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The Congregational Church foundation stone laying ceremony
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Memories of Fleetwood church life on both sides of the River Wyre

In 1837 there was no Congregational Church in Fleetwood. Early settlers had to ferry across the Wyre to attend service at the Bethel Church, Preesall until the Reverend W Gothard set up the first preaching place in a house in Flag Street where lived Mrs Garner, the sister of the Reverend D T Carnson. This little church of twelve members laster moved to a joiner’s shop over a guano warehouse in Aughton Street. A Sunday School was started. Its first scholar was Alexander Davies who worked tirelessly for Congregationalism. Under the heading “Independent Chapel”, The Fleetwood Chronicle of 9th November 1844 printed: “… the building of a chapel at the upper extremity of Warren Street and near to St Peter’s Place.” Lord Street was then known as West Street and East Street. The chapel was erected by Thomas Drummond on West Street, but work was seriously disrupted by the gales of 1847.

Young Mr Best, who was training to be a minister, attended that stone-laying. He wrote: “Great things were prophesied of Fleetwood, that it was going to be a second Liverpool. The people wished me to be their minister. I laid the foundation bricks of the chapel, twenty of them which Mr Drummond handed to me, one frosty morning. That was the only foundation stone ceremony lasting ten minutes, two persons being present, and ending in a Hurrah!”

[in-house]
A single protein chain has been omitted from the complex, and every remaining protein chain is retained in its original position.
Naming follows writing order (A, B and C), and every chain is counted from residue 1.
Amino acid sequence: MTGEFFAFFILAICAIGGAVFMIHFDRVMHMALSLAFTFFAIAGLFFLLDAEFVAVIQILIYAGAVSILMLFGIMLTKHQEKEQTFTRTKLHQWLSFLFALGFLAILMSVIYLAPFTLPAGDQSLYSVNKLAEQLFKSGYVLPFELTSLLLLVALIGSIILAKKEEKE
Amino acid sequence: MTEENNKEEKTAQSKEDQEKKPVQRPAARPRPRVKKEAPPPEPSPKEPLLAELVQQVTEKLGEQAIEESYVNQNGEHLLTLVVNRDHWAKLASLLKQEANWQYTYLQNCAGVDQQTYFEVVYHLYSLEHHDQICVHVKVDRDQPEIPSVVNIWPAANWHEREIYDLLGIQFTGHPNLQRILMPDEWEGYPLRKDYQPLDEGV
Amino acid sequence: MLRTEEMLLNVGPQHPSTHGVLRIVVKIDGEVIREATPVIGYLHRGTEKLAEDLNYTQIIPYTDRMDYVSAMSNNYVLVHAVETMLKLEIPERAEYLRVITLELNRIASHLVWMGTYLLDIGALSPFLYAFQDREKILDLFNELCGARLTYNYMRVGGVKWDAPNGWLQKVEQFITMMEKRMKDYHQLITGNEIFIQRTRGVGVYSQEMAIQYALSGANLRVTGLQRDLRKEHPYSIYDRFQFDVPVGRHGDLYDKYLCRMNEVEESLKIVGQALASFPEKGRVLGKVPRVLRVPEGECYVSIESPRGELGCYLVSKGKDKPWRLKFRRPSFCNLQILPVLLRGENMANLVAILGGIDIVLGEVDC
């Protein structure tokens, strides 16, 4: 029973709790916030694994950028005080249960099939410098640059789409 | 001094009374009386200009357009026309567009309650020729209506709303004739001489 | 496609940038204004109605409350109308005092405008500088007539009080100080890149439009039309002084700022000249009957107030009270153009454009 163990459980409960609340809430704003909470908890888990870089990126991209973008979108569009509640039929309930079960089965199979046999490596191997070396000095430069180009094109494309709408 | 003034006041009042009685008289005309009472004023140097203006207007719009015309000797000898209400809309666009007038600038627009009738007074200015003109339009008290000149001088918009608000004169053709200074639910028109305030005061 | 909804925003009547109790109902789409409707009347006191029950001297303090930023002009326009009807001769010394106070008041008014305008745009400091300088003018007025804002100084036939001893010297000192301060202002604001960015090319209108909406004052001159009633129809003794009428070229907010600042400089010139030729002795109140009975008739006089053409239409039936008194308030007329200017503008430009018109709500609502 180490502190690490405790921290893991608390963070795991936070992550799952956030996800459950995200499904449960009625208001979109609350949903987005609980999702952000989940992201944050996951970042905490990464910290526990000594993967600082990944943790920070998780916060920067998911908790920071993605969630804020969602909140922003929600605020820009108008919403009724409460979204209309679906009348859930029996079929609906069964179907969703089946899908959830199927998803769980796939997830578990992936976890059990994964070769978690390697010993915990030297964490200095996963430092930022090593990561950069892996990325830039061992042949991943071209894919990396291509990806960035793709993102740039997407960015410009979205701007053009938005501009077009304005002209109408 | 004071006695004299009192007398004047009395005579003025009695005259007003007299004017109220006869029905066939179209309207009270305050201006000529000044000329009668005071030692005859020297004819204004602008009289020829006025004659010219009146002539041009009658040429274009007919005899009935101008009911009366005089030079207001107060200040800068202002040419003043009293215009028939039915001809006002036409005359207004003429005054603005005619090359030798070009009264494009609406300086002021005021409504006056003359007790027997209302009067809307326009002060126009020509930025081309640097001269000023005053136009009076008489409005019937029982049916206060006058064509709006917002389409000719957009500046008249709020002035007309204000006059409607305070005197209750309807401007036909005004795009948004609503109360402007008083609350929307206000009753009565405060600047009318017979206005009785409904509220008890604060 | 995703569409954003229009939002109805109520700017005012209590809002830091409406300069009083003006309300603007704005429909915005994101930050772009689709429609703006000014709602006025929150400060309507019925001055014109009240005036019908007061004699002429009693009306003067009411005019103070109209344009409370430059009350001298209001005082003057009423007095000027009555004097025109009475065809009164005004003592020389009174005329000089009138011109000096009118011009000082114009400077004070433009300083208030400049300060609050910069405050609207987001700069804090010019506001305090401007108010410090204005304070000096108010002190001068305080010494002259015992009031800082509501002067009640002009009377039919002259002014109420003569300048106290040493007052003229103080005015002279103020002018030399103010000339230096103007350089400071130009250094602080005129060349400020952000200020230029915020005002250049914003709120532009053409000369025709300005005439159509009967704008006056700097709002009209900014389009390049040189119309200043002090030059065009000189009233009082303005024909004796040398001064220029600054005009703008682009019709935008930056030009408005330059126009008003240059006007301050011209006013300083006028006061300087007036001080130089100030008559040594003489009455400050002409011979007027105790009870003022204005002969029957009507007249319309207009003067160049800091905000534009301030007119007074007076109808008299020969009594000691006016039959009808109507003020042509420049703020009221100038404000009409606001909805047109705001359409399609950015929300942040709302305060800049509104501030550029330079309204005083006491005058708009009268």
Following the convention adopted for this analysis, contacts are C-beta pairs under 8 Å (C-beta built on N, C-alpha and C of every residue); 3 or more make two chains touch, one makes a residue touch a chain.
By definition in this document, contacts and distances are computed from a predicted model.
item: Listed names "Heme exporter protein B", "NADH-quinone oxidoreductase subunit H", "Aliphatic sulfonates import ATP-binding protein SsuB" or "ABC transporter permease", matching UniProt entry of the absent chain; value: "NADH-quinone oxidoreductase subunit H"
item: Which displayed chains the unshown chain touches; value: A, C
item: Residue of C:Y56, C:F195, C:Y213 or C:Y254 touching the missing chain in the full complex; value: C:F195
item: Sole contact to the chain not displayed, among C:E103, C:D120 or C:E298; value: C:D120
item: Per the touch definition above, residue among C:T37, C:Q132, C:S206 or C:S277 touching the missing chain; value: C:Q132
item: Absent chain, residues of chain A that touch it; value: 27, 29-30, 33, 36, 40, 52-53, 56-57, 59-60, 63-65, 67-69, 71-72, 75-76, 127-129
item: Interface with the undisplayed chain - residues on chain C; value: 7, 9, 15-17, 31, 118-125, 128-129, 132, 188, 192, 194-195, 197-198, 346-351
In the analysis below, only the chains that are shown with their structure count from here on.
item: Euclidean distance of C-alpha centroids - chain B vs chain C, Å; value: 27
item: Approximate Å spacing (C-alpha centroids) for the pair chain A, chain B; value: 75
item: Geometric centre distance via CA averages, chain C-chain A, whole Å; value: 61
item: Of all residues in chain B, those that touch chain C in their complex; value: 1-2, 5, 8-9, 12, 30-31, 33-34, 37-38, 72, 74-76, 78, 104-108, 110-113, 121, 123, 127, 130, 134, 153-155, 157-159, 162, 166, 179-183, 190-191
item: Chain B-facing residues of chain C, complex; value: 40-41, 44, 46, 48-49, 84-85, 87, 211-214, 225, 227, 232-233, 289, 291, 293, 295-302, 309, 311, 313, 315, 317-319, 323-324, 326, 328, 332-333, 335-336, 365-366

The new chapel with its castellated tower cost £1600 and opened on 31st May 1848. “The church was fitted up with gas and heated with hot air at considerable expense,” wrote the first minister, John Farnham Guenett. Fifteen shillings was paid “to defray the expenses of the fiddle.”

Mr Lings, who died on 20th January 1900 at the good old Fleetwood age of 90, was called “the Grand Old Man of Fylde Congregationalism”. Another well known minister was Amos Bailey who, on one of his visits to Over Wyre, was stranded on the wrong side of the river. “I had gone over to take the afternoon service at Bethel. At 4 o’clock a gale, bringing with it a pitiless downpour, had changed the whole face of things. The sea was raging… no sign of a boat. For two hours I stood on the sea wall hoping that an attempt would be made to fetch me – but in vain. Nothing remained for me but, drenched to the skin, to find my way home in the darkness. Fifteen miles via the nearest bridge up river!”

They were wonderful people, our ancestors.

First published in The Fleetwood Annual, 1998.

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